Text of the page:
A judge has granted the organizers of Coachella a restraining order against Live Nation over its ‘Coachella Day One 22’ event.
Coachella parent company Goldenvoice filed a lawsuit over the ‘Day One 22’ event last week. The lawsuit contends the name would confuse concertgoers and seeks to stop sales of tickets to the event.
A judge granted the temporary restraining order on December 20. However, the order doesn’t offer a final judgment in the case. The temporary restraining order will force branding changes, but the concert will likely go forward as planned.
‘Day One 22’ is produced by the Twenty-Nine Palms Band of Mission Indians. The indigenous tribe operates the venue Coachella Crossroads, which is about five miles from where the Coachella concert takes place.
The producers previously tried to register a ‘Coachella Crossroads’ trademark for events, but the US Patent and Trademark Office refused that. Twenty-Nine Palms revised their patent application to say it would only host community and sports events. But since then, several musical events have been promoted at Coachella Crossroads.
The Coachella ‘Day One 22’ concert will take place on New Year’s Eve. It is set to feature performances from Lil Wayne, E-40, Shaq (DJ Diesel), and Getter. Coachella says Twenty-Nine Palms is causing confusing by associating the original event name and event adopting elements of the Coachella festival’s previous advertising strategies.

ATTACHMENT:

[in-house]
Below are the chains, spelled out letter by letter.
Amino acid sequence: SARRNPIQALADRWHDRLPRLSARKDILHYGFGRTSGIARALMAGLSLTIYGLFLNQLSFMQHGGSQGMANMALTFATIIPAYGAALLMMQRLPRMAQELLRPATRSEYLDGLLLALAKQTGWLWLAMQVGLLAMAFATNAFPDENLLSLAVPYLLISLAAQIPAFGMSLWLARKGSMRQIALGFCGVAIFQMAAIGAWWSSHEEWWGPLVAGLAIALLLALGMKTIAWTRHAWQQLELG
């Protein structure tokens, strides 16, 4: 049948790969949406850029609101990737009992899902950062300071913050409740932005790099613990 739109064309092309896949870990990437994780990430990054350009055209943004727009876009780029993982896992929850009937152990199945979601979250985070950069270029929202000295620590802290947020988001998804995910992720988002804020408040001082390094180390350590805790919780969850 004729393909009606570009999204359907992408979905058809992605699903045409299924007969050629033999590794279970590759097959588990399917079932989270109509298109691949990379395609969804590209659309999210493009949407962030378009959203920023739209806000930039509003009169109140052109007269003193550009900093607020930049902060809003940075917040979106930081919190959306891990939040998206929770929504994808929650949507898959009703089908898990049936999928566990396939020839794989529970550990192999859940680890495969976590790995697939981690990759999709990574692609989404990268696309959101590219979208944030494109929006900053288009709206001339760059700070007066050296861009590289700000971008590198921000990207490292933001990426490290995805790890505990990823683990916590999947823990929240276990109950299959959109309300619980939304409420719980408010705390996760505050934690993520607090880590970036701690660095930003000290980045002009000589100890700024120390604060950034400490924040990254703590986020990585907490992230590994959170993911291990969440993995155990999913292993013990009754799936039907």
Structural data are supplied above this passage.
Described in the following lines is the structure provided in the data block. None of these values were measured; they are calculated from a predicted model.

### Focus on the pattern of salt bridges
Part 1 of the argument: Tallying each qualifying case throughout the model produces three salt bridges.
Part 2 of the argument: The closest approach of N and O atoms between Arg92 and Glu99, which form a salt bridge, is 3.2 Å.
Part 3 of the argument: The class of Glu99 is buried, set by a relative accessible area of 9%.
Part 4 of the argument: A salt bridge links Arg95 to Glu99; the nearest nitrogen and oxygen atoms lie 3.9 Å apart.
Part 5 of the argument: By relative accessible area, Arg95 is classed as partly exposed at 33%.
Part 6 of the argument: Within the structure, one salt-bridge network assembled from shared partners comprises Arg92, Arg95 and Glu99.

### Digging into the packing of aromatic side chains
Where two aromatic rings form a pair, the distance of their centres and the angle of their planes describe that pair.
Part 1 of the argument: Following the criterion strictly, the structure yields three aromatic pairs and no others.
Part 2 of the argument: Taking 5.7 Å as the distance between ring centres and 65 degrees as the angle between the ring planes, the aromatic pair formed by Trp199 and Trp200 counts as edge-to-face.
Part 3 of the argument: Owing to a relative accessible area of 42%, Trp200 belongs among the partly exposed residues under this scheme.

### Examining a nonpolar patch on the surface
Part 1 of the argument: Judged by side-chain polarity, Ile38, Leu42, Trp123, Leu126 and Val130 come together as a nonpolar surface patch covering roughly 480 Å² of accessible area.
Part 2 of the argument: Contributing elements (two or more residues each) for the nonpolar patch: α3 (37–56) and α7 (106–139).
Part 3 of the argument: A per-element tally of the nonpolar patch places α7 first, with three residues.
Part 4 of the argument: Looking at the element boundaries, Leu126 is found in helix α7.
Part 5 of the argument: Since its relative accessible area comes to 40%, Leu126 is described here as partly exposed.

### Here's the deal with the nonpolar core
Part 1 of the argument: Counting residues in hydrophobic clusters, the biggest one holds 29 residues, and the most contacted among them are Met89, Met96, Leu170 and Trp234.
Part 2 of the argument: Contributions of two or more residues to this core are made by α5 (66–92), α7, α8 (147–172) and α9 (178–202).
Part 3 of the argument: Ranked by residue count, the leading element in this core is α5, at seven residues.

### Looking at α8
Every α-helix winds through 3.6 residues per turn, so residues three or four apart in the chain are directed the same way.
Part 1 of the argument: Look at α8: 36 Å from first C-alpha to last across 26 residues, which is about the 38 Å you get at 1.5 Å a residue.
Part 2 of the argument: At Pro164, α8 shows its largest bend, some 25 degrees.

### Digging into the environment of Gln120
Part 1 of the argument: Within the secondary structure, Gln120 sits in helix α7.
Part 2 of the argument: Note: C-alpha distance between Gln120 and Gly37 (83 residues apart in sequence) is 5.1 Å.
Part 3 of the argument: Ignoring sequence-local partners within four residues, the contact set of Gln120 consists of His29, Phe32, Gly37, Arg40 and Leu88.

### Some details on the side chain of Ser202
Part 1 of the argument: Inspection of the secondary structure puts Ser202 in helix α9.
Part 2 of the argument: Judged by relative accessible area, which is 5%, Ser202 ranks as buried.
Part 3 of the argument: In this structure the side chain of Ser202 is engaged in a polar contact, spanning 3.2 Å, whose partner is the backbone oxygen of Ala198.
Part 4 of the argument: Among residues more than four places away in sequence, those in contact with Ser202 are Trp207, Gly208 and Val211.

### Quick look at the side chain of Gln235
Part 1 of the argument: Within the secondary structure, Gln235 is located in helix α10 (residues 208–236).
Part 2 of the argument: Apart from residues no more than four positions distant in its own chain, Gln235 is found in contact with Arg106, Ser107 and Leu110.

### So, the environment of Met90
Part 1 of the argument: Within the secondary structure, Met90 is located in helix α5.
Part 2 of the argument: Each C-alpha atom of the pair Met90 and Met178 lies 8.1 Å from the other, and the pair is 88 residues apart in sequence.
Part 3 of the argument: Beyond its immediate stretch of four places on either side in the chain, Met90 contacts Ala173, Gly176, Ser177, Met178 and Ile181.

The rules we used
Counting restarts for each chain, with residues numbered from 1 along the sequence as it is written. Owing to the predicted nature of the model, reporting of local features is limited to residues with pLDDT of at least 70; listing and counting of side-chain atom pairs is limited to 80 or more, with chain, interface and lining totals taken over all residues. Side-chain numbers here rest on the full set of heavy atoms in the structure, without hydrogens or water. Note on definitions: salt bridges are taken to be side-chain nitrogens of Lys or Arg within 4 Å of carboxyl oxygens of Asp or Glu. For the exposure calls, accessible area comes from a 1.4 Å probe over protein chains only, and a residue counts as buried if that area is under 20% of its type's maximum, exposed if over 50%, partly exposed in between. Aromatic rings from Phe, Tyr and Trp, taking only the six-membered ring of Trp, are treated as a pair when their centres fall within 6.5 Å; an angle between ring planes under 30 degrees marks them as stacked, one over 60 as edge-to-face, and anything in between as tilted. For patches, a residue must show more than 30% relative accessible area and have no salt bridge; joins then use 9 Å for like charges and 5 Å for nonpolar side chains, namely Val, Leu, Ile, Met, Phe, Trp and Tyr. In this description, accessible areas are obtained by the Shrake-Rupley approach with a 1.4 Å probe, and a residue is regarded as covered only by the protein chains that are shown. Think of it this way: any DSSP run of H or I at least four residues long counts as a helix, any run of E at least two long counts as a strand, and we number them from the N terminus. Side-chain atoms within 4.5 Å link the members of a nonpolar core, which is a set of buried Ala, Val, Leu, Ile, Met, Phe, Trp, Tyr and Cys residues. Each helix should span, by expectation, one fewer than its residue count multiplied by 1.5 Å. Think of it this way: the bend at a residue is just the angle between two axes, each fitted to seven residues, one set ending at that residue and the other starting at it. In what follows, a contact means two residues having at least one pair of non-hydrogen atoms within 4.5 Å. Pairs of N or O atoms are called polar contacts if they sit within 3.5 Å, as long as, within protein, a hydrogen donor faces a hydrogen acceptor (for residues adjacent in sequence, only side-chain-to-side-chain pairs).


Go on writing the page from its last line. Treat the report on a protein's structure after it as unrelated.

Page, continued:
Coachella organizers sent Live Nation a cease-and-desist letter over the ‘Coachella Day One 22’ branding.
Live Nation changed the branding on its promotional pages to remove ‘Coachella.’ The infringement suit was filed because one ticket option is called ‘Coachella Complimentary Offer’ and ‘Coachella Day One 22’ still appears in other advertising materials.
Judge Gary Klausner said that Coachella and Goldenvoice would likely suffer “irreparable harm” if the event were promoted under its original name. Live Nation asserted that Coachella’s success demonstrates it would not suffer harm, but the judge called that argument “uncompelling.”
“This argument is simply unpersuasive and does not rebut the presumption of irreparable harm,” Klausner says in the ruling.